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The Pegasus Division idea is an interesting concept, and as Mr Meyer points out, questions such as the viability of operating such large numbers of aircraft at low level can only be answered by actual trials.
Several points do occur to me, however.
One theatre where the Pegasus division may operate effectively is in the desert, where good visibility and long engagement ranges may favour them. Mountainous terrain may also suit them.
- Can such small helicopters mount sufficient physical and electronic defensive systems?
- Can they mount sufficient target acquisition systems to use stand off weaponry?
- Close range attack/strafing "Horses" will be very vulnerable to machine gun and massed assault rifle fire unless the enemy is well routed.
- Will "flying and firing" or "flying and designating" be too much for a single crew member? Two seater "Horses" may be needed. In World War One, single engine two-seater aircraft were in fact the most important aircraft type, their duties including:- Contact patrolling, observation, artillery spotting, reconnaissance, photography, bombing, trench strafing, spy dropping, escort and air superiority missions. Many two seaters were a match for the single seater fighters.
One thing I do question is whether all of the Pegasus divisions aircraft need to be helicopters? Might not some of the roles be filled by Autogyros?
Before I began researching this article I'd though of modern autogyros as being small, single seater aircraft with open cockpits. In fact there are numerous enclosed and two seat models, and even autogyros that will hold 4-8 people. The following links give an idea of civilian craft currently available.
Griffon Flying APC proposal
From what I understand about autogyros:-
- They don't need much more maintenance than a motorcycle.
- They cost around $5000-7000.
- Can take off in under 30yrds. Some designs can take of in less than 50ft and land in under 20ft.
- The most difficult part of flying any aircraft is landing, but autogyros can pretty much land themselves near-vertically by means of autorotation.
The most famous autogyro is probably Little Nellie in the James Bond film You Only Live Twice. A real military autogyro is unlikely to have such an impressive array of weapons, but Pegasus autogyros could have a internal ventral bay with a universal mounting that can take a .50 M2HB, ASP-30 cannon or a Mk-19 grenade launcher.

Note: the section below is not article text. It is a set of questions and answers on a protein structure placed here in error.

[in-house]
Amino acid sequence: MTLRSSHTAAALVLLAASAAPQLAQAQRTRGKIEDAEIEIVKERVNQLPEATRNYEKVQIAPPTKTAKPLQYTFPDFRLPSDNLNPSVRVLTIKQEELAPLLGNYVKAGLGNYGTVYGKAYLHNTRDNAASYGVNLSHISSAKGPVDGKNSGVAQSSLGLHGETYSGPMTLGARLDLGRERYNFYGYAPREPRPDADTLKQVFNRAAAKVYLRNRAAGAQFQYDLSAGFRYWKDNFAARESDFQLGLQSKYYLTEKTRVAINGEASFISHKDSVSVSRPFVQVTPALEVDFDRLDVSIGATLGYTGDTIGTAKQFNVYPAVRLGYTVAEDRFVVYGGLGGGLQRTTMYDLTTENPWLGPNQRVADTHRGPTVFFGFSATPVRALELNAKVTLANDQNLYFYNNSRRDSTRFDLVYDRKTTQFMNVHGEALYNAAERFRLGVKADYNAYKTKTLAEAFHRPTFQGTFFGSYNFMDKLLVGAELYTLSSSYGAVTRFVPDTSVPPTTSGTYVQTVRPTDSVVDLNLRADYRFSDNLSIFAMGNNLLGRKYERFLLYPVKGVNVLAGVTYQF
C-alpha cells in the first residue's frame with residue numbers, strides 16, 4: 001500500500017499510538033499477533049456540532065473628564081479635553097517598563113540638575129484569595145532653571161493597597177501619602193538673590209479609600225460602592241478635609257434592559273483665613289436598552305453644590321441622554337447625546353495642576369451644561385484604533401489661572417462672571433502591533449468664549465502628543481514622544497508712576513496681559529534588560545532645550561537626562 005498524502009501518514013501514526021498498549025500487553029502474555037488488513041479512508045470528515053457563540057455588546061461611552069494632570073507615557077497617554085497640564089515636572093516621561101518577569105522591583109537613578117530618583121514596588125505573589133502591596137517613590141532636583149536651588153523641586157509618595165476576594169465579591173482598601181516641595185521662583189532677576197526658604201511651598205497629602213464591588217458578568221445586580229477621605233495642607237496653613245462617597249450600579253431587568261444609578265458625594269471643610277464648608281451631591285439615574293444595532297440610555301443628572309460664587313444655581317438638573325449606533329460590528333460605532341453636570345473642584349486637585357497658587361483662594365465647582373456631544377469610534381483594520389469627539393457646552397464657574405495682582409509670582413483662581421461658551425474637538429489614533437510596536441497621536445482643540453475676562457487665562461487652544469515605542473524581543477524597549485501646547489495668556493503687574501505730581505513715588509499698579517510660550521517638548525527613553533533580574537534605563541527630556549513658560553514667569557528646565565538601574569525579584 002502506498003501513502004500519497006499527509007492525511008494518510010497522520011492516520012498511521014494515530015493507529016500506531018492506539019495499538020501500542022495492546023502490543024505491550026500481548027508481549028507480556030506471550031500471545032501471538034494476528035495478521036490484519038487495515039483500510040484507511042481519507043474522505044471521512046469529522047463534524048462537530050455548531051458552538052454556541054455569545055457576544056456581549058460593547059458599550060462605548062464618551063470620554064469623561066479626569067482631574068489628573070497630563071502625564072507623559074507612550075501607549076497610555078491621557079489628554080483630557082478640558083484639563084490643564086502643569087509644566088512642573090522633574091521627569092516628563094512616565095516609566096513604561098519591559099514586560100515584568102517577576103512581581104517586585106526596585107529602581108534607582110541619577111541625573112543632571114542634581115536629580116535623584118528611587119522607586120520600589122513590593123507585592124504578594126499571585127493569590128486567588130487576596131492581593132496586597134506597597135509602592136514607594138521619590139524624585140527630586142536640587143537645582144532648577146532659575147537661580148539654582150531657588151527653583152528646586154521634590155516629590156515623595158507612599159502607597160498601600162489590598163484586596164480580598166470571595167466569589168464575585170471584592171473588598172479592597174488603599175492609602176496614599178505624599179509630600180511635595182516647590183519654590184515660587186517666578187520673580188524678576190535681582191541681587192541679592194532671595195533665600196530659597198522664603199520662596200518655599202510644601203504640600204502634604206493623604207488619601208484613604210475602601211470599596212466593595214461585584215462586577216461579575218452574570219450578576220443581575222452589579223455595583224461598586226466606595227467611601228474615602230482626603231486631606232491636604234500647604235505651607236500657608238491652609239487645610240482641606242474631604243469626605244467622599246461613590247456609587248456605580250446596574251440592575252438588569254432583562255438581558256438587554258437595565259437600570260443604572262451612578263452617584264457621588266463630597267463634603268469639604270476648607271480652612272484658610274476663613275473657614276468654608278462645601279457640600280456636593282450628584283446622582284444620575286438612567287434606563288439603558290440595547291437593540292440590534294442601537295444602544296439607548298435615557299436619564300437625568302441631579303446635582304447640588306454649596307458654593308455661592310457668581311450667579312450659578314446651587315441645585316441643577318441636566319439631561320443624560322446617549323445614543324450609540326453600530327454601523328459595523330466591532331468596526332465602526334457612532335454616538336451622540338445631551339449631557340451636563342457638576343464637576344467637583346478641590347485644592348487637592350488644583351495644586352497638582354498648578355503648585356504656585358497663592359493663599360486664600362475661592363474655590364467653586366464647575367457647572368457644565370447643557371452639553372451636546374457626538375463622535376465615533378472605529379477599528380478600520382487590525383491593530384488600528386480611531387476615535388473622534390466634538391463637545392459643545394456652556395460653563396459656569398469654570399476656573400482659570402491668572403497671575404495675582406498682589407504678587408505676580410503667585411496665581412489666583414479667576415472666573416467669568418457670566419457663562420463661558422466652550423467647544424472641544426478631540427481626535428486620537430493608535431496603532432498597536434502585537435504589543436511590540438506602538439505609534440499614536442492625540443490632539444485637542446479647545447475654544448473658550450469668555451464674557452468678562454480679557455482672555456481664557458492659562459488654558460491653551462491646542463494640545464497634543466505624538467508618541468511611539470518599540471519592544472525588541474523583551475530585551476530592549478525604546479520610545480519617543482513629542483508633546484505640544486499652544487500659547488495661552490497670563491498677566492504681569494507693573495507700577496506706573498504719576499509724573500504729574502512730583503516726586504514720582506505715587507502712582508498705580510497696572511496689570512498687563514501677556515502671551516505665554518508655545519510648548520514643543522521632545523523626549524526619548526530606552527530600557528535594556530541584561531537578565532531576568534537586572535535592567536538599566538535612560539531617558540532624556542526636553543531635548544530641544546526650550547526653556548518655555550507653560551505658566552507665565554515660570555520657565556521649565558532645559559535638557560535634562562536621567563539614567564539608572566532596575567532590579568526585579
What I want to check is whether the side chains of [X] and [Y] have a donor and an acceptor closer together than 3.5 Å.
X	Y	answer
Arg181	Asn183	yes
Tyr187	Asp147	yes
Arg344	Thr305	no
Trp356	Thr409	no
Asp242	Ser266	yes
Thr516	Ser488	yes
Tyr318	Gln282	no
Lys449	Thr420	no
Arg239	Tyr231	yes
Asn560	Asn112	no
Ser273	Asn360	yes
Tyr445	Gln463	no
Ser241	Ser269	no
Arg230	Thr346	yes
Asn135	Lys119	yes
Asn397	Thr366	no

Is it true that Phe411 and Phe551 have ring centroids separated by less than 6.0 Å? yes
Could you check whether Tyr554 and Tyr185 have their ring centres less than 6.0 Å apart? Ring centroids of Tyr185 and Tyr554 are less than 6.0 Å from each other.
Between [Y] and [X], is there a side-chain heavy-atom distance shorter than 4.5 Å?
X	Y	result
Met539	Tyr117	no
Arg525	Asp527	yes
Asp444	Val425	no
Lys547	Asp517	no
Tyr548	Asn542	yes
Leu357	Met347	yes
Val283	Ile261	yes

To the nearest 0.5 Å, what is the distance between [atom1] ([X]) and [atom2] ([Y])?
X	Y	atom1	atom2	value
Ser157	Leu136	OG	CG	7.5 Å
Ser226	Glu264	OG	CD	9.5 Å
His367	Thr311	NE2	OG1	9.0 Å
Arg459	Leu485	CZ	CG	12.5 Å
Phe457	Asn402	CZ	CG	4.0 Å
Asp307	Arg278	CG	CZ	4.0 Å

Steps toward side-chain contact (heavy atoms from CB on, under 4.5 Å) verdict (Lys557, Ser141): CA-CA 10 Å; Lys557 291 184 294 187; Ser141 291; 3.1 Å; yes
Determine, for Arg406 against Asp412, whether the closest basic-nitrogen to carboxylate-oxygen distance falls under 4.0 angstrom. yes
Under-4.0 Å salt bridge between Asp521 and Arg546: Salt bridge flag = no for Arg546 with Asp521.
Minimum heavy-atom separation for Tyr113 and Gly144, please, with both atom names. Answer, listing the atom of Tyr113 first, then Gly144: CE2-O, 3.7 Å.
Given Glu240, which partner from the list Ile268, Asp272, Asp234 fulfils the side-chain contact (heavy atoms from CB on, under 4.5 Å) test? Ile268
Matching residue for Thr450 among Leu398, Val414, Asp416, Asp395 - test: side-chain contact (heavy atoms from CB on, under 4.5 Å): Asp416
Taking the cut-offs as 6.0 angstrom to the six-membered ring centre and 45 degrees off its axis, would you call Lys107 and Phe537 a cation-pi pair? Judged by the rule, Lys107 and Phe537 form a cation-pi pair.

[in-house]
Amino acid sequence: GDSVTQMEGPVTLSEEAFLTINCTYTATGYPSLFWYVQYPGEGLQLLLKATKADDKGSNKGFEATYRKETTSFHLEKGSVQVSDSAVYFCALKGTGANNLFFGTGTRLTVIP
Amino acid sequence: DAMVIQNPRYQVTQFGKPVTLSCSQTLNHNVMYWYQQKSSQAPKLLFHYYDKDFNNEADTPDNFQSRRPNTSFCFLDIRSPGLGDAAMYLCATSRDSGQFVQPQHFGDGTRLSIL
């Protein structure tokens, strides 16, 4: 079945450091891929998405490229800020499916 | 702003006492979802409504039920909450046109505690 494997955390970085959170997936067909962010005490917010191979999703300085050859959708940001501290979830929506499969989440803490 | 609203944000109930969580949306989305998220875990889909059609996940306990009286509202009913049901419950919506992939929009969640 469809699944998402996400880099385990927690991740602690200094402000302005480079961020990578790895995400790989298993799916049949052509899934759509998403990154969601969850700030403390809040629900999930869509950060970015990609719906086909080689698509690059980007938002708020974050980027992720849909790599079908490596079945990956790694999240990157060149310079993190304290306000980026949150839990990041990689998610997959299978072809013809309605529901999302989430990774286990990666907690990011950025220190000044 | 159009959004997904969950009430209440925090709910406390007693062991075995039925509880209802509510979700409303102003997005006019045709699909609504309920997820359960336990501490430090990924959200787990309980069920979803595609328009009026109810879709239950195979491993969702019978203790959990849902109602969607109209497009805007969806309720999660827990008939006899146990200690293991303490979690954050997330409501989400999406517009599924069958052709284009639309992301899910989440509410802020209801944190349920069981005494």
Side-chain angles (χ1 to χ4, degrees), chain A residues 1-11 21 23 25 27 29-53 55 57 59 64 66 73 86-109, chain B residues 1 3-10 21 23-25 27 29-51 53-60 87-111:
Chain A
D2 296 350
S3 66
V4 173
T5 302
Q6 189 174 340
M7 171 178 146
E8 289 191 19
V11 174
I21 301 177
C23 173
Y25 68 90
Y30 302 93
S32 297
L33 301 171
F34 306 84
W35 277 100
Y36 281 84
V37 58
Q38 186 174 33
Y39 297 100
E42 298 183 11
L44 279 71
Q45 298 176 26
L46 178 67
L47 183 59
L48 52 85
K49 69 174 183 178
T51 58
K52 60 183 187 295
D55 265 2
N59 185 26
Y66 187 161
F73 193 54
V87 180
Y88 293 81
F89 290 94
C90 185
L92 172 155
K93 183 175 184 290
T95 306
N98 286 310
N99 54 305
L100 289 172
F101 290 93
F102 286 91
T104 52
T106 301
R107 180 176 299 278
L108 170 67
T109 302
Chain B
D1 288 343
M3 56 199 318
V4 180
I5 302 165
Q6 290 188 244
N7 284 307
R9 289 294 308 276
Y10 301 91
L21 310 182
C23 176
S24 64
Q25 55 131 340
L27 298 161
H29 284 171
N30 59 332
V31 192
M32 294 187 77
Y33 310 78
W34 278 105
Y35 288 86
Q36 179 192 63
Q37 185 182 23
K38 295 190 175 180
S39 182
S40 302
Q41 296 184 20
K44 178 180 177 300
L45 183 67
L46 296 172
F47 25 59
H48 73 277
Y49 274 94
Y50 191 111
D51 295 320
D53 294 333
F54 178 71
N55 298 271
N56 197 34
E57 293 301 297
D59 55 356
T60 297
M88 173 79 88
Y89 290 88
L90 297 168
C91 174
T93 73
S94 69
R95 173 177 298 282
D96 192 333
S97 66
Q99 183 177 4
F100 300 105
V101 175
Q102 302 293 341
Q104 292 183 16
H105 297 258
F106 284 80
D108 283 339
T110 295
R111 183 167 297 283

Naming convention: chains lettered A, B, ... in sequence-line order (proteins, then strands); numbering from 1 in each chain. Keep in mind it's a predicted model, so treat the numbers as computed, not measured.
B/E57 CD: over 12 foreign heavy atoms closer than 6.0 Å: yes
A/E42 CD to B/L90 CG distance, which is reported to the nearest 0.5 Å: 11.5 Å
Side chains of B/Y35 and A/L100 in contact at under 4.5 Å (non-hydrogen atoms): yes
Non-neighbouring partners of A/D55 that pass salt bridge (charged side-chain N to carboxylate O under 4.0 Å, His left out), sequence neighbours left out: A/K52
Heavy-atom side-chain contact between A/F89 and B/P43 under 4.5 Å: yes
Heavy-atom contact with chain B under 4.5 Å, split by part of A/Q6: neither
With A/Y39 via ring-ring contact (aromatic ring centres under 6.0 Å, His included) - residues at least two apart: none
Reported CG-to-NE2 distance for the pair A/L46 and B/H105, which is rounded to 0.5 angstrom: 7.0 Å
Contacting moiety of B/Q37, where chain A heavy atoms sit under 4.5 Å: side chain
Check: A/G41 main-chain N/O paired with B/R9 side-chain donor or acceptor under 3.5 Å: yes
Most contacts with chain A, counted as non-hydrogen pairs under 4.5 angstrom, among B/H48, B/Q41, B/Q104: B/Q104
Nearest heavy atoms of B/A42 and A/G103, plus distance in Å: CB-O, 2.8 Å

Autogyros will have applications other than as Pegasus Horses.
They can be used to patrol borders or the perimeters of airbases.
They can act as battalion or company level aerial reconnaissance, for example, as part of a convoy escort force. In this role the autogyro can patrol ahead and to the flanks of the convoy, looking for ambushes. If a foe is detected the autogyro can strafe them, mark their location and call in artillery and mortar fire.
The autogyro's very short take off and landing requirements mean that in the event of a communication problem the pilot can simply land and give his report personally to the column commander.
A reconnaissance autogyro should carry some armament, even it is just to engage targets of opportunity or suppress ground fire. A pair of M60 or M240 machine guns should be practical. If the aircraft is downed these can be dismounted to defend the pilots. The autogyro will probably also carry light rockets to mark targets. If the 2.75 FFAR proves too much of a load, the Italians have a 51mm weapon of 4.8kg weight as opposed to 7.5kg. It is possible that both the machine guns and marker rockets could be replaced by a Mk-19 loaded with HEDP and Smoke marker rounds.
Microlight aircraft can be used for troop insertion duties as an alternative to helicopters or parachuting. Use of such systems may give the unit an organic capability to extract itself too.
Autogyros could be used in this role, but conventional fixed wing microlights may prove just as suitable, as may the parajet system. Whichever system is used it should have a low radar and audio signature.
Microlights or autogyros used for troop insertions should include the capacity to transport All terrain bikes and carts so the troops can move from the landing zone to the objective.
The capability to land on water, possibly using hydroskis may prove useful too.
Some of these aircraft should be armed for the eventuality of an occupied landing site. Weapons should be capable of being dismounted and used in a ground role once the aircraft have landed. It is possible that some aircraft would remain flying to provide air support to the ground elements.
It may also be possible to launch microlights or autogyros from larger aircraft such as the C-17 or C-130. One type of microlight has a larger version of a flat 'chute as a wing, and this version should theoretically be air launchable.
Experiments were performed with dropping Gyrocopters from aircraft during World War Two.
Intriguing little side note in a book on German aircraft - after the war one of the German helicopter experts worked on the XH-20 - a disposable one man helicopter.
Other Support Aircraft Ideas.